What an awesome post. I love it!
March 19, 2010 | Unregistered CommenterSue
I'll bet your dad got a lot of mileage out of that "To the moon, Alice," line when you were a kid.
March 19, 2010 | Unregistered Commenterheyjoe
My dad also worked for Grumman, and McDonnell Douglas, as a aerospace engineer in the sixties and seventies. God, what a fabulous time to grow up in Florida watching rockets while playing on the beach! I think I'd just cry if we ever gave up on the space program.
March 19, 2010 | Unregistered CommenterAnEmily
delightful! my dad dated a rockette before he married my mom. that's all i've got.
March 19, 2010 | Unregistered CommenterMeredith
ahhahahahahahhhahahaha oh dear dear dear.... this is the funniest post i've ever read. thank you thank you!
March 19, 2010 | Unregistered CommenterRachel
Your Dad is so lovely!

March 19, 2010 | Unregistered CommenterFinola
Oh what a treasure to have someone like that come to talk to kids! I'm jealous! And that model is amazing.

March 19, 2010 | Unregistered CommenterAdrienne Breaux
Gah Mr Bradley, what are you? Some kind of rocket scientist? Oh yeah you are......

I love the last picture because it looks like the teacher is saying, "You littered ON THE MOON?"

How proud Henry must have been, I love that. (Also yes every time I chaperone or work at school I feel like a celebrity...except that I want to punch a couple of kids in the nose. My God.)

March 19, 2010 | Unregistered Commentermelissa
Your dad is awesome!!! I want him to come visit my class (um, of EMBA students).
March 19, 2010 | Unregistered CommenterAlyce
Alice--thanks for the lovely, kind, tender and hilarious post. It is just what I needed after a long day
March 20, 2010 | Unregistered CommenterHeather
My dad worked as an engineer for the space program at Lockheed. Geez, do all dads work on the space program at some point?
March 20, 2010 | Unregistered CommenterKathy
This story is 100% awesome. Everything about it. Love it. :)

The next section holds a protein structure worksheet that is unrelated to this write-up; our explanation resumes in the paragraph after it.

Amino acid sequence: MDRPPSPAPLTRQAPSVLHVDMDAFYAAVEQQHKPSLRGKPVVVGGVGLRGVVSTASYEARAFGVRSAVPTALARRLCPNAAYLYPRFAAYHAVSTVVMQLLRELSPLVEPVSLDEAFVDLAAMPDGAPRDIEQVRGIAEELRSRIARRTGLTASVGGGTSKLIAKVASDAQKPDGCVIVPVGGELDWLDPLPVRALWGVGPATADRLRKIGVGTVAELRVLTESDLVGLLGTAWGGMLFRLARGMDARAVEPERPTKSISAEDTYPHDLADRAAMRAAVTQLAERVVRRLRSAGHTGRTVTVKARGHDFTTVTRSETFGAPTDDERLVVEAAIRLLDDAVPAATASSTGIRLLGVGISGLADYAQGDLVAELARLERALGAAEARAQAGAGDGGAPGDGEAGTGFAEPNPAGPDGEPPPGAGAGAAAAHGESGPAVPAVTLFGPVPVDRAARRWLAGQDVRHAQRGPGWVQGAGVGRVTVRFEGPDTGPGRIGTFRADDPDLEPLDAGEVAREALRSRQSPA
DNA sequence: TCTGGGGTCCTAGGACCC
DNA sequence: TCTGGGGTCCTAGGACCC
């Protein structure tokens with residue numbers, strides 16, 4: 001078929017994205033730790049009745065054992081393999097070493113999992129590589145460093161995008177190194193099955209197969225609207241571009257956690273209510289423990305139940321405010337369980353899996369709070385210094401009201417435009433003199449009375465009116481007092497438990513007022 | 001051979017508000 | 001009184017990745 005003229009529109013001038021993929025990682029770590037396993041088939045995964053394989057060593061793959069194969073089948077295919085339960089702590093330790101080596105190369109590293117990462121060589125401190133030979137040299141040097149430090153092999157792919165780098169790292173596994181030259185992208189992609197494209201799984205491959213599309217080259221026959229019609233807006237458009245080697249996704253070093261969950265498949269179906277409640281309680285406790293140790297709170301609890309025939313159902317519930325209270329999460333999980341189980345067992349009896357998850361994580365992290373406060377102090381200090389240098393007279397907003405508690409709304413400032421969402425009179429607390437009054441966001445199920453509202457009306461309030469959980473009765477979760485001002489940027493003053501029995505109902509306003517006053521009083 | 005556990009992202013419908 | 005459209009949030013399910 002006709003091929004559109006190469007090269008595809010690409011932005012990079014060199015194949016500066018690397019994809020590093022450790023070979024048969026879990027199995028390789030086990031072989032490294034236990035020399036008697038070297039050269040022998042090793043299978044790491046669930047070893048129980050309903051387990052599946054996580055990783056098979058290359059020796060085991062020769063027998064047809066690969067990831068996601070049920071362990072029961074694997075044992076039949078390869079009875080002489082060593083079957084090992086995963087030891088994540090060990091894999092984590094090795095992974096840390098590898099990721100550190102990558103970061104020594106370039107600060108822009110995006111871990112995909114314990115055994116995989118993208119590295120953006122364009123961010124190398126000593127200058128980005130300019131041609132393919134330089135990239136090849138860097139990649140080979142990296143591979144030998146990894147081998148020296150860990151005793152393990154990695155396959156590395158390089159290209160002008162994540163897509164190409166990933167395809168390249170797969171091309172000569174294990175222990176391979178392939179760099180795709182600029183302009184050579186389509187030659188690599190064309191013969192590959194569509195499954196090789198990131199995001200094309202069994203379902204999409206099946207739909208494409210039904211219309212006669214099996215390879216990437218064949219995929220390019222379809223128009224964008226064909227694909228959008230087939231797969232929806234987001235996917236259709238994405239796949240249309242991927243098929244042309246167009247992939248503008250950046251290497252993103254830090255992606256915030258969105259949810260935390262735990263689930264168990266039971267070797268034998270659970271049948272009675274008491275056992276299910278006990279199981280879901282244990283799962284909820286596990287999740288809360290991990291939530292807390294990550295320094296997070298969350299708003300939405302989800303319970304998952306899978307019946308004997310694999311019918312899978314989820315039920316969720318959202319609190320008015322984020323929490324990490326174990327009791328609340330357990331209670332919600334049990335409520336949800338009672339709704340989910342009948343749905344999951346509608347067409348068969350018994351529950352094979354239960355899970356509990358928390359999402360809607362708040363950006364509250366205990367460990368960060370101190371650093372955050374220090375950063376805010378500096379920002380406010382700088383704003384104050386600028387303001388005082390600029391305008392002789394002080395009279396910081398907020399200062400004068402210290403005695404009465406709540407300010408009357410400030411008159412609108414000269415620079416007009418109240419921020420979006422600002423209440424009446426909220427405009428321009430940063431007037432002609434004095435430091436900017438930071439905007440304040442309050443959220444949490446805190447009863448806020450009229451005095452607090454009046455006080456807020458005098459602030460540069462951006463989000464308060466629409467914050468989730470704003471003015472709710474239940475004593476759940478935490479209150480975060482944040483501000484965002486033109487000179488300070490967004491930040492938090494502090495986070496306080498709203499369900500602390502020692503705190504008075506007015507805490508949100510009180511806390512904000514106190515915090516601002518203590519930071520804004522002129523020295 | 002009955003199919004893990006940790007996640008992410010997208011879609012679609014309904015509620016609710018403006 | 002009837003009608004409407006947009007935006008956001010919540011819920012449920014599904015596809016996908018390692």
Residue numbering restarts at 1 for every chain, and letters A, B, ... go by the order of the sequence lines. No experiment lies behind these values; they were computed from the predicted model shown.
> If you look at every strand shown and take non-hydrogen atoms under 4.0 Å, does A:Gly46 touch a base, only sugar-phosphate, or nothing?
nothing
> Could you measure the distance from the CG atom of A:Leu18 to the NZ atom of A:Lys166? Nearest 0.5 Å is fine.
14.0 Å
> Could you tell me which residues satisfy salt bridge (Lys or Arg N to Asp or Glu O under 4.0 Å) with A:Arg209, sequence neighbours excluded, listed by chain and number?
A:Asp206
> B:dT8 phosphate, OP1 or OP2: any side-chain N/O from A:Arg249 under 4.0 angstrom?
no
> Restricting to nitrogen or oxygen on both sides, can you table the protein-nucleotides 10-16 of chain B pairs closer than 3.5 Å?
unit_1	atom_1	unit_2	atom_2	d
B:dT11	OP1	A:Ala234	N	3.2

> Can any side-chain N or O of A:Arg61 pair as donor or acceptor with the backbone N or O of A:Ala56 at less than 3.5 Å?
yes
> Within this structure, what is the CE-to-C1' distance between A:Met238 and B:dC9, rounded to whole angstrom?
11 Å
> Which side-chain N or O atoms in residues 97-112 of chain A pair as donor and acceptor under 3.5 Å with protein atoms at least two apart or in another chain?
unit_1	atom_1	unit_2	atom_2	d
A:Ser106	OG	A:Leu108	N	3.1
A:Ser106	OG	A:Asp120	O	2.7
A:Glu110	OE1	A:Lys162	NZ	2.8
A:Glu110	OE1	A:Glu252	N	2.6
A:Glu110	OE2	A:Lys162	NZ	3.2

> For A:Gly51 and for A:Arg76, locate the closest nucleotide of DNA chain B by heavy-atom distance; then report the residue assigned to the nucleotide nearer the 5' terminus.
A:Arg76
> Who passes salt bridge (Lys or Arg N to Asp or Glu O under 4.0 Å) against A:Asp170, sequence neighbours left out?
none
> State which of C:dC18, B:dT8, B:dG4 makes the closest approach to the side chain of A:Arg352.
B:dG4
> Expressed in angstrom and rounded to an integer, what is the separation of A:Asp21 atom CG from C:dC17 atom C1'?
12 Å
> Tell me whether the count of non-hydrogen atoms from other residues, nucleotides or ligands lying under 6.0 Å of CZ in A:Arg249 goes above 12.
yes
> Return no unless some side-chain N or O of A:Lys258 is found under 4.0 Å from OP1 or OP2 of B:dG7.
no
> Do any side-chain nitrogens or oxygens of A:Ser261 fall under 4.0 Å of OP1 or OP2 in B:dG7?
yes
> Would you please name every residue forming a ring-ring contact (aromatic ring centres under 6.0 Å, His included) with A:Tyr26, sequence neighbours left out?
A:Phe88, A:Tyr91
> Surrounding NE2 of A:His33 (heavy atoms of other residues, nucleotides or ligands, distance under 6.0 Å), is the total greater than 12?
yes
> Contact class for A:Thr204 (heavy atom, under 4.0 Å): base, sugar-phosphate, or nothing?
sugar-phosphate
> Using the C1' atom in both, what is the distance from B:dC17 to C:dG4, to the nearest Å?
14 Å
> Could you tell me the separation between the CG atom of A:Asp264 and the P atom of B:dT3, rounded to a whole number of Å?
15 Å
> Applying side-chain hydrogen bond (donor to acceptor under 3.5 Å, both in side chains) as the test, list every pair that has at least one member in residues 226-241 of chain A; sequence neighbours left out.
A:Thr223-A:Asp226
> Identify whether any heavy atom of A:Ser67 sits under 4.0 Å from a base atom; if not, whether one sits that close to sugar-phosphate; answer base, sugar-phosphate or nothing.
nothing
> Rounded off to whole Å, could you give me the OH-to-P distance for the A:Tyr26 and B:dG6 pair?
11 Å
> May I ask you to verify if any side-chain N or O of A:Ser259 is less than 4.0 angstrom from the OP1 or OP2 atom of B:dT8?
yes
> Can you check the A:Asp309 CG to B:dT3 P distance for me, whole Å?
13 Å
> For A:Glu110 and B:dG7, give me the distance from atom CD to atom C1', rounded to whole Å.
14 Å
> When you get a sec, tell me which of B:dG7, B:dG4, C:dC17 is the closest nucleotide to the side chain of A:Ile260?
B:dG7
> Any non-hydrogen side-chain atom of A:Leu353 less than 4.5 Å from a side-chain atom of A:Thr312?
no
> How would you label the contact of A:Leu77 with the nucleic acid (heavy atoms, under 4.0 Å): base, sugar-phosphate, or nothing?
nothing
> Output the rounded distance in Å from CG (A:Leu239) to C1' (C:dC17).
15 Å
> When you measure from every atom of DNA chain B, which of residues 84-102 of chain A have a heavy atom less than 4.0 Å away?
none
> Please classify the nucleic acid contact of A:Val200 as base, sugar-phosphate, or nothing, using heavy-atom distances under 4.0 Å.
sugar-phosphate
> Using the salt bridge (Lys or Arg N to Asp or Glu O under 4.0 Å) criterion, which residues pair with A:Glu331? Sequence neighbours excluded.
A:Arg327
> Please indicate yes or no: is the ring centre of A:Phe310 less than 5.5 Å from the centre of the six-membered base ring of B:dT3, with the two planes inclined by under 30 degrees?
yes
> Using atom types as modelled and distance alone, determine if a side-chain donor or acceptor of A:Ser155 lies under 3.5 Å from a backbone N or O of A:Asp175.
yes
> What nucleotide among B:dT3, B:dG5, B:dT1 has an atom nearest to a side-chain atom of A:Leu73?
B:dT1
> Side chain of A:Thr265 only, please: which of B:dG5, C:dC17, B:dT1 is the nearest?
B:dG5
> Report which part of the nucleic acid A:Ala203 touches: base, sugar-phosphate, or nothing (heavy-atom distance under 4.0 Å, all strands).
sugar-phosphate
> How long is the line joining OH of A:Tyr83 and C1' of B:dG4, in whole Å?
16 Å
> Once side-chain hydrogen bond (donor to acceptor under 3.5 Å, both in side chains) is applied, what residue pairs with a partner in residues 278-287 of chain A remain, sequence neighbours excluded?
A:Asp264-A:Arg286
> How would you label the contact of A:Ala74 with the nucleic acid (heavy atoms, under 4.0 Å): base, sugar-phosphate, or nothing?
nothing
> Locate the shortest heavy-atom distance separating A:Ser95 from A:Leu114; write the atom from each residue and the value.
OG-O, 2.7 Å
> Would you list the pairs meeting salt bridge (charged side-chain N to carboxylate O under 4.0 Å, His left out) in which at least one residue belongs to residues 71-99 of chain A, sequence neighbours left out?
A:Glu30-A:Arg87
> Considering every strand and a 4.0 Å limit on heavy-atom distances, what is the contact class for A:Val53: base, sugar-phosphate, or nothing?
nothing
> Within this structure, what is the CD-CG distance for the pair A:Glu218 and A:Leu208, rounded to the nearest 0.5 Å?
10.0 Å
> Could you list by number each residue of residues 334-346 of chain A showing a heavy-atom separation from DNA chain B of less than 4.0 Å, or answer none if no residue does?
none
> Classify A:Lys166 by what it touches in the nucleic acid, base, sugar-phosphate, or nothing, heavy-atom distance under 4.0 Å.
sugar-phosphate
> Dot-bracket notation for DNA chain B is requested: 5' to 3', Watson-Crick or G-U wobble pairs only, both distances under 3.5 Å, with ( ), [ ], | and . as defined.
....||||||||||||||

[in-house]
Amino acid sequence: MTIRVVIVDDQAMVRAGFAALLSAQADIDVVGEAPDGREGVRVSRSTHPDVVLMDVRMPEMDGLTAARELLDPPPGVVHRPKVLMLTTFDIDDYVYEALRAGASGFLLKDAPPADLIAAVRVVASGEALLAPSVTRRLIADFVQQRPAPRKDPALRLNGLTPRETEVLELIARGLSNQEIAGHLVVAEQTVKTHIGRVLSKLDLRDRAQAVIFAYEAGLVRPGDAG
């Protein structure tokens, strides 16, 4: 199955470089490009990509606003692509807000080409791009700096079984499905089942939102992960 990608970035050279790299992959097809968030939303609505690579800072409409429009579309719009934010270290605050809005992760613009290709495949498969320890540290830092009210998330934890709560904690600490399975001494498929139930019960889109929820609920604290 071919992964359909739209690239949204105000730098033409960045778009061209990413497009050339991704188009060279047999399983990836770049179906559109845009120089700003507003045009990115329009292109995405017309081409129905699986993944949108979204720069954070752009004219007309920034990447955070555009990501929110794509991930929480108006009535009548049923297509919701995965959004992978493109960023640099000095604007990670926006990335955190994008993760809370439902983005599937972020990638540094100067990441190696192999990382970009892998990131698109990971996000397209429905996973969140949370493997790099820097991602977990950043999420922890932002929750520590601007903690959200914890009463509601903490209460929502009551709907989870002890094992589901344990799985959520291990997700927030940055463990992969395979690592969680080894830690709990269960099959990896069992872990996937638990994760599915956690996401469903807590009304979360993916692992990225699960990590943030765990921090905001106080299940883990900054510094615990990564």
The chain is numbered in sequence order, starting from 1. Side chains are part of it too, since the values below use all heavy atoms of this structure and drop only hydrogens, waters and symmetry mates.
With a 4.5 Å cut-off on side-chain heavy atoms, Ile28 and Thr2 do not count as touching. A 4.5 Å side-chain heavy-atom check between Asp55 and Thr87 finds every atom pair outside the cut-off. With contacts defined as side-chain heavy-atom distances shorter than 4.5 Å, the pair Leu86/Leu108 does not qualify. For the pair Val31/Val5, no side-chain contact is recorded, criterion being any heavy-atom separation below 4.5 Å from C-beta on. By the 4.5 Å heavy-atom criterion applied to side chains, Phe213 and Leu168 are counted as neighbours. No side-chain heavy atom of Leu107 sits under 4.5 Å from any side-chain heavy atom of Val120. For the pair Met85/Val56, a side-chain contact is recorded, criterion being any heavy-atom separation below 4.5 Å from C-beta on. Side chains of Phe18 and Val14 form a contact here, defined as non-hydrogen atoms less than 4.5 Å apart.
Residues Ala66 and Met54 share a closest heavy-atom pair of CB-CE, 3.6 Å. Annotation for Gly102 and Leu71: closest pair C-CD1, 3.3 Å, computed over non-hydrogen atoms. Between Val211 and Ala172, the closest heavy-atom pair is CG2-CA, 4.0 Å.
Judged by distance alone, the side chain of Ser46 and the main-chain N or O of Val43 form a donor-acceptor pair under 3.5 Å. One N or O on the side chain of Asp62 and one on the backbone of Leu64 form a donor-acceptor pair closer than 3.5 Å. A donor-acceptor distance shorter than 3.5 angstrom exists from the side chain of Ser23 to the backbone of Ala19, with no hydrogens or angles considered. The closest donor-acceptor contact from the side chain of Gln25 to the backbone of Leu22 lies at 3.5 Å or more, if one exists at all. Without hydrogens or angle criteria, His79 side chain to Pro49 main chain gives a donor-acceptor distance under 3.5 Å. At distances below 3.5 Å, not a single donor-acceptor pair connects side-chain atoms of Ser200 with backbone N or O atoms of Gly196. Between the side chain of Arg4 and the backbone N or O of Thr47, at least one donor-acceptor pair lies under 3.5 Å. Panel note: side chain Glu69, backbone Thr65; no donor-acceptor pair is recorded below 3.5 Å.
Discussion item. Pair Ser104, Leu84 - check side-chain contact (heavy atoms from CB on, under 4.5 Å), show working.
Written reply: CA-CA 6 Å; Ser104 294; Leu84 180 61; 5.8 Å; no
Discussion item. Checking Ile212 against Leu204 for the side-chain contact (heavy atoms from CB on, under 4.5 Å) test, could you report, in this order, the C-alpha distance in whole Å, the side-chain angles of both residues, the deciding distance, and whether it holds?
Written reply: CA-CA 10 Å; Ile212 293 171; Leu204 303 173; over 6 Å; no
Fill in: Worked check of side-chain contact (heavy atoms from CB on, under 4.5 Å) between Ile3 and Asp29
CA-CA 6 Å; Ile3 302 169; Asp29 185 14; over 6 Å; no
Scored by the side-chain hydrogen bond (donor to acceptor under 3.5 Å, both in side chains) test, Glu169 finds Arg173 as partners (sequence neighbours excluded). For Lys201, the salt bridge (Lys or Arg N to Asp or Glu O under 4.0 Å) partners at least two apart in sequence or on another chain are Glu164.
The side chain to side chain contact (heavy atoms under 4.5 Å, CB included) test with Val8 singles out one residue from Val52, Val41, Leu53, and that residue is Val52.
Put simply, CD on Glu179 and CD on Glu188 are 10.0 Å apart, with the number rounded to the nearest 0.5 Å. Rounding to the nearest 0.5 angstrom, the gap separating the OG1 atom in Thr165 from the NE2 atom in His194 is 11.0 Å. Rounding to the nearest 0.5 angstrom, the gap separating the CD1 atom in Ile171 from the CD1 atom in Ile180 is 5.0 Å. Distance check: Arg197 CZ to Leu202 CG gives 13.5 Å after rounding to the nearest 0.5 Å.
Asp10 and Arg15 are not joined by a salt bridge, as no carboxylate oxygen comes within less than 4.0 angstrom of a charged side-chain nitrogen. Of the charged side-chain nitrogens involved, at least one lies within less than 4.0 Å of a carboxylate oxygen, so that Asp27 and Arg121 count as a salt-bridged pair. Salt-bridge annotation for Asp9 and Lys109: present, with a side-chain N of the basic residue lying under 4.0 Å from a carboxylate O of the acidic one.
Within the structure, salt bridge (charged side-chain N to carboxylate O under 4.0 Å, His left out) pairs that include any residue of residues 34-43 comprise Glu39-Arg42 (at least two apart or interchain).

March 20, 2010 | Unregistered CommenterRachel
Well? When is Bring Your MommyBlogger Mother to School Day? You can entertain them with how you ignore your child in the name of corporate-sponsored entertainment, when you're not off eating kittens and boycotting the elderly.

(Good thing I don't subscribe to the New York Times. Because I would totally have to, you know, unsubscribe.)
Your dad is awesome. It's incredible to think that he was actually part of the moon landing; what an amazing thing to get to talk to kids about! And he's adorable in that tiny chair. Add in the image of him drinking Johnny Walker and discussing German literature (in the classroom surrounded by the little kids in my imagination, for some reason), and he's just the coolest person ever.
March 21, 2010 | Unregistered CommenterKendra
Absolutely adorable. All of you. The T.V. family I always wanted.
March 21, 2010 | Unregistered CommenterMrs. Gregorton
I loved this post! Funny, adorable and ever-so-educational (diapers? really?).
March 22, 2010 | Unregistered CommenterWarsawMommy
What a great story -- and yes, your mom should have asked the question!! :)
March 22, 2010 | Unregistered CommenterKaren
O.M.G!!!! I am a total geek and your dad is like my hero. My dad worked for Singer Simulations and was part of the team that designed the simulators and ran them so that the astronauts could practice. When mom was worn out (whatever could wear her out?), I went to work with Dad and rode in the sims when they tested various simulation programs. The lunar module sim was one of my faves! All the engineers were so into creatively working together that they really didn't care how old you were and freely shared what they knew even with me. It was a rare opportunity. As a NASA brat, hanging with scientist and astronauts seemed "normal," but now I see it for the gift it really was.
March 22, 2010 | Unregistered CommenterLori
So cute! I love how excited second graders get at the appearance of any nonparental adult. My little guy got to present his visiting grandparents today, and when told he should limit his introductory details to two, he announced, "They're from California...and they have a DOG."
March 22, 2010 | Unregistered CommenterKris
You never cease to make me chuckle! Love this story! I recently spent time in my 1st grader's class talking about the Lunar New Year and doing an art project. The kids ate it up and were so sharp and inquisitive. For days following, kids in the hallway would shout out "Hey, there's Ruby's Mom!" or state proudly "I got to have her in my class!" Now I wish I had told them I was an astronaut.
March 22, 2010 | Unregistered CommenterJulie
Wow! My dad also worked for Grumman on the LEM! When the movie Apollo 13 came out I remember my mom bragging about that and my father saying nothing... hm, come to think of it, maybe its not even true. Will need to look into it. :)

March 22, 2010 | Unregistered Commenterdanish